"World War 3 fears: Russia threaten NUCLEAR WEAPONS to Syria in response to US sanctions"

Missile Crisis 1962
In 1962 the Soviet Union and the US came frighteningly close to a nuclear war.
Nikita Krushchev had deployed 90 nuclear missiles in Cuba aimed at the US. President Kennedy enforced an embargo on further shipments of missiles and demanded that the Soviet Union remove all nuclear weapons be removed from Cuba. It first appeared that the strength of the US resolve caused Krushchev to retreat. However, it was not the stick the US wielded but the wise use of a carrot that prevented war; Kennedy had intelligence information that Krushchev was pressured by soviet hawks and needed to appease them. Kennedy made a secret deal to quickly and quietly remove US missiles from Turkey (he knew the Republicans in congress would not have approved his action).

There are important lessons learned from this incident. Good intelligence, from both domestic and through our allies, is essential to anticipate and prevent global disasters. A president must know how and when to use the carrot in place of the stick. And a wise president is an indispensable asset in troubled times.

Russian Ships in the Mediterranean Sea Yesterday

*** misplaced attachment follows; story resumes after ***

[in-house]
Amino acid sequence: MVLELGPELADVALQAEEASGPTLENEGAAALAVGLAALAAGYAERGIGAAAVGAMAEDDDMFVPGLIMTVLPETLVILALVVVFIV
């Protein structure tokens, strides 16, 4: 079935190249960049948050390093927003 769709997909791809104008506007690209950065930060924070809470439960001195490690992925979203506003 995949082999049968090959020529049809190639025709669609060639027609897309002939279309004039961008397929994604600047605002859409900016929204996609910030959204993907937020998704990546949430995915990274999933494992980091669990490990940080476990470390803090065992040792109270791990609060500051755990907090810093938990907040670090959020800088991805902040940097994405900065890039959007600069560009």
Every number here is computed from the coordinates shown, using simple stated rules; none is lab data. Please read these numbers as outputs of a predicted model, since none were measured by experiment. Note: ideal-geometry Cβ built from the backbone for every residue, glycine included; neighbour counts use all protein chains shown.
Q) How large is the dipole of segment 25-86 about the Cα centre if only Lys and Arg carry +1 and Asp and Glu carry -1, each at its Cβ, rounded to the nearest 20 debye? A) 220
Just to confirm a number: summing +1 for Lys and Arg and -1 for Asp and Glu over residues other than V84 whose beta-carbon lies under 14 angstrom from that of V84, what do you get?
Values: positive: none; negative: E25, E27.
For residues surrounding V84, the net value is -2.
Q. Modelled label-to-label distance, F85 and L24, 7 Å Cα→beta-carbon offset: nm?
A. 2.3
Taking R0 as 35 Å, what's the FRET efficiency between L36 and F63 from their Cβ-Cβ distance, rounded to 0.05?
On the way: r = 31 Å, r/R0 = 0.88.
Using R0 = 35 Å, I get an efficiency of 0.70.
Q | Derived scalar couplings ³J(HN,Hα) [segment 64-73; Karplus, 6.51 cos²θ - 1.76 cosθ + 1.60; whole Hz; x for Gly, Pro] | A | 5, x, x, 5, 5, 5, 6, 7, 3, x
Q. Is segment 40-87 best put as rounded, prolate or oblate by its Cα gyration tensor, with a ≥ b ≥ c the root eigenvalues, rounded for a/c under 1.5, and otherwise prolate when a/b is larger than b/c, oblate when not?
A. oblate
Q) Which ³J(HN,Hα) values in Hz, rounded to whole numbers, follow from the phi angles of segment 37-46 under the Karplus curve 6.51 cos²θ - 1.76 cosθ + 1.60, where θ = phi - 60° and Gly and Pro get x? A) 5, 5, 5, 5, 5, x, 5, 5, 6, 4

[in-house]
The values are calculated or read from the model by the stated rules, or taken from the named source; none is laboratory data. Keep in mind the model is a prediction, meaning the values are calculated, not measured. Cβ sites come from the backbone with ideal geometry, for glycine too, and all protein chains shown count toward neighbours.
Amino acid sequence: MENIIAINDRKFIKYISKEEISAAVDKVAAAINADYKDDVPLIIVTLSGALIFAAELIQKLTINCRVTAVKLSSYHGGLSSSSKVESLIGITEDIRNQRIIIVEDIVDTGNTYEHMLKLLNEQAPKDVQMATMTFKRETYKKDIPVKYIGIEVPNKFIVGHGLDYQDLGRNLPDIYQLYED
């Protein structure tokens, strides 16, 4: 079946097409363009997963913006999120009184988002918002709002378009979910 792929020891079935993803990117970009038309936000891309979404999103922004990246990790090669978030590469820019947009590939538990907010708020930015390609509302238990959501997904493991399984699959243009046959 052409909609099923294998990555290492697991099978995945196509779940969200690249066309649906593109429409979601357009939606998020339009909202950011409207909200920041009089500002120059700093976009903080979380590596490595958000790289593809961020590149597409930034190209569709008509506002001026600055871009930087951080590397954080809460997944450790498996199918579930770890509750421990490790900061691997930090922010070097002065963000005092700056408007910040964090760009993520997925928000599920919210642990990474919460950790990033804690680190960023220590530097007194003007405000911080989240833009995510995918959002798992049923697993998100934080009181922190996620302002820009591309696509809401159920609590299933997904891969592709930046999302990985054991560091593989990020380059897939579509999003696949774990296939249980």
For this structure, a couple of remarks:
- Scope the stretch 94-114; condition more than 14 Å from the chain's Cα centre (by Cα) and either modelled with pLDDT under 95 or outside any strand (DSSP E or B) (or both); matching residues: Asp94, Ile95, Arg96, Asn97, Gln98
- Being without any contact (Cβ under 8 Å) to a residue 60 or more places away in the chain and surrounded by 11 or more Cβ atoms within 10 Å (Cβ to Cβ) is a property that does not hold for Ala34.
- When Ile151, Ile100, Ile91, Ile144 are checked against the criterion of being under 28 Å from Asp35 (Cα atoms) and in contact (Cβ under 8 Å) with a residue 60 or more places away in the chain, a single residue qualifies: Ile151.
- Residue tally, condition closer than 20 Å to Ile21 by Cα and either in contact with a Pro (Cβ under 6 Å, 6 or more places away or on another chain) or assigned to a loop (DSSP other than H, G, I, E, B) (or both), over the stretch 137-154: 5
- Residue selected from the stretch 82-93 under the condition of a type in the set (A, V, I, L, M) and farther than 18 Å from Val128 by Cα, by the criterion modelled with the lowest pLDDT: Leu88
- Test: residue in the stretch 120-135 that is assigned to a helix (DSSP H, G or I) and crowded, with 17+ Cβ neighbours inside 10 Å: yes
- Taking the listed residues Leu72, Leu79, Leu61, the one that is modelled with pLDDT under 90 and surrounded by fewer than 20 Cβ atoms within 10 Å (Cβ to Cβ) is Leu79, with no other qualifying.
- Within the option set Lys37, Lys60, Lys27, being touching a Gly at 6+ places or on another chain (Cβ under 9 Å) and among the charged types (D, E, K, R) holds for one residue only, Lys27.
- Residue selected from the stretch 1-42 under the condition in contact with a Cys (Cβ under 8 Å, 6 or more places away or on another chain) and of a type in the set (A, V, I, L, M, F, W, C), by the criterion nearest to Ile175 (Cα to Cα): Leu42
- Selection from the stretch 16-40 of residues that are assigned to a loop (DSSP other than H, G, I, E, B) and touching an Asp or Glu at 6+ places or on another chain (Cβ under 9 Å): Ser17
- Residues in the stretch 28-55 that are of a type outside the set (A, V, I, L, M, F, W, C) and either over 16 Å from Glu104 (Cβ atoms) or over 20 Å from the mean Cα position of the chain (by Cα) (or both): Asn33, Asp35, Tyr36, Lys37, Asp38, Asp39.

The current situation is dangerously close to the edge of military war. 1) China and Russia joined forces to defend against the aggressive US tariffs and sanctions. 2) Russia is placing nukes in Syria aimed at Europe and America stating, “We must respond to the emergence of components of the US missile defense systems near our borders.” 3) Today, NATO announced, “The Russian Navy has dispatched substantial naval forces to the Mediterranean, including several ships equipped with modern cruise missiles.” 4) Russia and China have agreed to join military forces to stage the biggest war games since the fall of the Soviet Union

To be more precise about the danger of escalating conflicts, I think there is a better than 10% chance that there will be a major international military conflict, perhaps not called a world war, in the next two years. I say that not because major powers will attack each other but because “small seeds grow big weeds:” Both WWI and WWII were seeded by a shuffling of alliances between countries. It is not the military blustering or tariff disputes that I see directly starting a war, it is the resulting shift in alliances.

WW1 officially started with the assassination of Archduke Franz Ferdinand and his wife Sophie of Austria by a Bosnian Serb, but the stage was set earlier. A realignment of alliances, one between Germany and Austria-Hungary and another between Russia and France ensured that France would stand with Russia in the event of a balkan war, and Germany would side with Austria-Hungary. Eventually, Germany invaded Belgium and Britain declared war on Germany. The rest is history.

WW2 officially started September 1, 1939 when Germany invaded Poland but the seeds were planted before that date when Germany, Czechoslovakia, Austria , and Rhineland bickered about territory and two major European powers, France and Britain, pressed for a stronger Germany hoping that would prevent the growth of communism. Alliances between countries began to shuffle and the rest is history.
So is a military war brewing? Yes, it is brewing, but let's not let it go from fermentation to maturity.